Mac OS X and the Digital Lifestyle
Book Review

Mac OS X and the Digital Lifestyle
Brad Miser

Premier Press
ISBN 1-931841-74-8
U.S. $39.99 CA $ 61.95

Several years’ back, Steve Jobs announced the “digital lifestyle.” I’m not sure if using a Mac and a digital camera or camcorder qualifies you to live the “digital lifestyle,” but if it does, then Brad Miser is going to tell you how to live it. In fact, his book tells you how to live the digital lifestyle “a la vida loca.”

There are plenty of good books focusing on iMovie, iPhoto, iTunes, and iDVD (the so-called “iApps.”) Nevertheless, this is the first book to focus on the integration between the iApps. Miser does not tell you just how to use iMovie, iTunes, and iPhoto; he tells you how to use them all together to create a seamless digital production. This focus on integration, and using the strong points of each application is what sets Mac OS X and the Digital Lifestyle apart from books that simply tell you how to use one iApp.

Before reading Mac OS X and the Digital Lifestyle, I felt reasonably conversant with the fundamental of iMovie, iTunes, and iPhoto. (I have never paid attention to iDVD as neither of my Macs have a SuperDrive.) I could fool around with the various programs, and get some moderately interesting results. But I always felt I was never taking best advantage of the programs as a suite of applications.

Three pages into Mac OS X and the Digital Lifestyle, I knew this book was something special.

Using QuickTime Pro as a focal point, Miser lays out the graphics underpinnings of the iApps. The ability to import and export scads of file formats makes QuickTime Pro and especially iMovie extra-flexible. You learn that you can get almost any external file into your production, and how to best import it.

iTunes gets attention next, then iPhoto and iMovie. Each chapter, while not as comprehensive as specialized books on each iApp, gives plenty of detail. I especially appreciated tips relating each program to its siblings; how best to format an export from iTunes to get it into iMovie, for example.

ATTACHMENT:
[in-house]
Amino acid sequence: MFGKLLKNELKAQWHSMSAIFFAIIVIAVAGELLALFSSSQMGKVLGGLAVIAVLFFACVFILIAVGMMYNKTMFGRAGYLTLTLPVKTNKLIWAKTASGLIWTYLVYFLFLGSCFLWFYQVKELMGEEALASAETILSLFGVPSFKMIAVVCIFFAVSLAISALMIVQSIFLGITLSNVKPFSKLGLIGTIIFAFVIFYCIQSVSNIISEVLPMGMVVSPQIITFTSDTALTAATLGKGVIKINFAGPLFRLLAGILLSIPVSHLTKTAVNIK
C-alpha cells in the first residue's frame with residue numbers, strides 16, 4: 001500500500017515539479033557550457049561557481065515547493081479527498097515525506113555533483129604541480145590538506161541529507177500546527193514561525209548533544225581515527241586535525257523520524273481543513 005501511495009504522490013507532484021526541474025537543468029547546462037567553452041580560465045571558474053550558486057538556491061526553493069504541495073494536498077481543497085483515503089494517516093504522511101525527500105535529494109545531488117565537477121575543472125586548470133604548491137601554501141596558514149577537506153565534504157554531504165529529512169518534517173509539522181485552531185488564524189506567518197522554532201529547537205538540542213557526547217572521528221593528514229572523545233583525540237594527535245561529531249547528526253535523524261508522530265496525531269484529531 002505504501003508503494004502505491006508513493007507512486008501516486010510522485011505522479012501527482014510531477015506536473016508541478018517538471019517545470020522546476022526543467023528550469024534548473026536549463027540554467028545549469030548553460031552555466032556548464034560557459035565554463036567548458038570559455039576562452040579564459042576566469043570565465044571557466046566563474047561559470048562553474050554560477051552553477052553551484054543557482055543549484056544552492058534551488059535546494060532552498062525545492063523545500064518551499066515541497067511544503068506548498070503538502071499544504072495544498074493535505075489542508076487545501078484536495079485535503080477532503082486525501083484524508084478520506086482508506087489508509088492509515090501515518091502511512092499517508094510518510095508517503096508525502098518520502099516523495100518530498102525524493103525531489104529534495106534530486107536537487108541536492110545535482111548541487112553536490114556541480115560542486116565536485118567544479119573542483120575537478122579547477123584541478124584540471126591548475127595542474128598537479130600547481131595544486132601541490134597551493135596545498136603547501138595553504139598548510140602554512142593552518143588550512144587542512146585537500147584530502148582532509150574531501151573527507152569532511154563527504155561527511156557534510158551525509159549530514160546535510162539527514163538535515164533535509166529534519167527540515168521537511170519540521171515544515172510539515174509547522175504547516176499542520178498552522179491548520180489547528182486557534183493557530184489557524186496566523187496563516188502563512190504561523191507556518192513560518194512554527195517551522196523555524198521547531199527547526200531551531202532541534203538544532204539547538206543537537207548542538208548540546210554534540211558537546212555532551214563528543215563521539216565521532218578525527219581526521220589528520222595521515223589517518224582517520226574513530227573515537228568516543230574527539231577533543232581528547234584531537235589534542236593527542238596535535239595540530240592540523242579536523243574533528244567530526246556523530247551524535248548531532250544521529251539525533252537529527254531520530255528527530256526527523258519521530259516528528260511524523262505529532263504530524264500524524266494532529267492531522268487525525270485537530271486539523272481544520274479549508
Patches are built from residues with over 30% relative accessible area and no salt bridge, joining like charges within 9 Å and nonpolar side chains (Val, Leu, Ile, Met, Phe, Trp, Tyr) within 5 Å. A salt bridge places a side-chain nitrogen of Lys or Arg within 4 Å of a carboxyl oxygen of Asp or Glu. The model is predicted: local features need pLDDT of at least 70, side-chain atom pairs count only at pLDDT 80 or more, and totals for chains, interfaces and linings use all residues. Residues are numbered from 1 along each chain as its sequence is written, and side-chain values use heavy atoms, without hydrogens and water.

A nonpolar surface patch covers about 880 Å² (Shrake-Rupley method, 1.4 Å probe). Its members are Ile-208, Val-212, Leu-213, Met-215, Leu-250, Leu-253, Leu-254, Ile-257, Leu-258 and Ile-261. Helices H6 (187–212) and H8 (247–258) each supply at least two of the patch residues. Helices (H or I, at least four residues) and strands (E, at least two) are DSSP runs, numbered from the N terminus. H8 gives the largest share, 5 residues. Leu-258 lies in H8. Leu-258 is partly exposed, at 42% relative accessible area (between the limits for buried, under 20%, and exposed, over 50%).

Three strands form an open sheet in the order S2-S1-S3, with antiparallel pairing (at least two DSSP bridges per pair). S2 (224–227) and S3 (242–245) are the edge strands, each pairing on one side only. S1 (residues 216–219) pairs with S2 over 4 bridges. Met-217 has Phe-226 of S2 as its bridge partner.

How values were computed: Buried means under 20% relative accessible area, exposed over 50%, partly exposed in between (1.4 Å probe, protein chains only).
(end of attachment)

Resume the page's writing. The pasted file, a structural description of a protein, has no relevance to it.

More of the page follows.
After each member of the iApp suite has had its’ turn, Miser gets to what is the best part of the book. He presents logical strategies for creating digital productions. These are not cookie-cutter “step 1, step 2” checklists that some beginner-level books use. Miser talks fundamentals, and uses general principles to help you learn how to use the iApps together to best effect. While each one has strengths and weaknesses, Miser shows you how to make the whole greater than the sum of the parts.

If you think I like this book, then think again.

I LOVED this book. It is well written, with easy-on-the-eyes formatting (less common than you may think), and it weighs less than 5 pounds. But the best part of reading Mac OS X and the Digital Lifestyle was the constant feeling I had of “so THAT is the best way to do that effect,” or “jeez, I was wasting a lot of time doing it my way.”

Rather than list all the chapter titles, I’ll simply say you will learn all you need to know to use your digital camera, camcorder, CD/DVD burner with your Mac if buy and read Mac OS X and the Digital Lifestyle.

This is a must-buy for anyone who wants to get more out of their digital hardware and the iApps that ship with their Macintosh.

MacMice Rating: 5 out of 5

David Weeks

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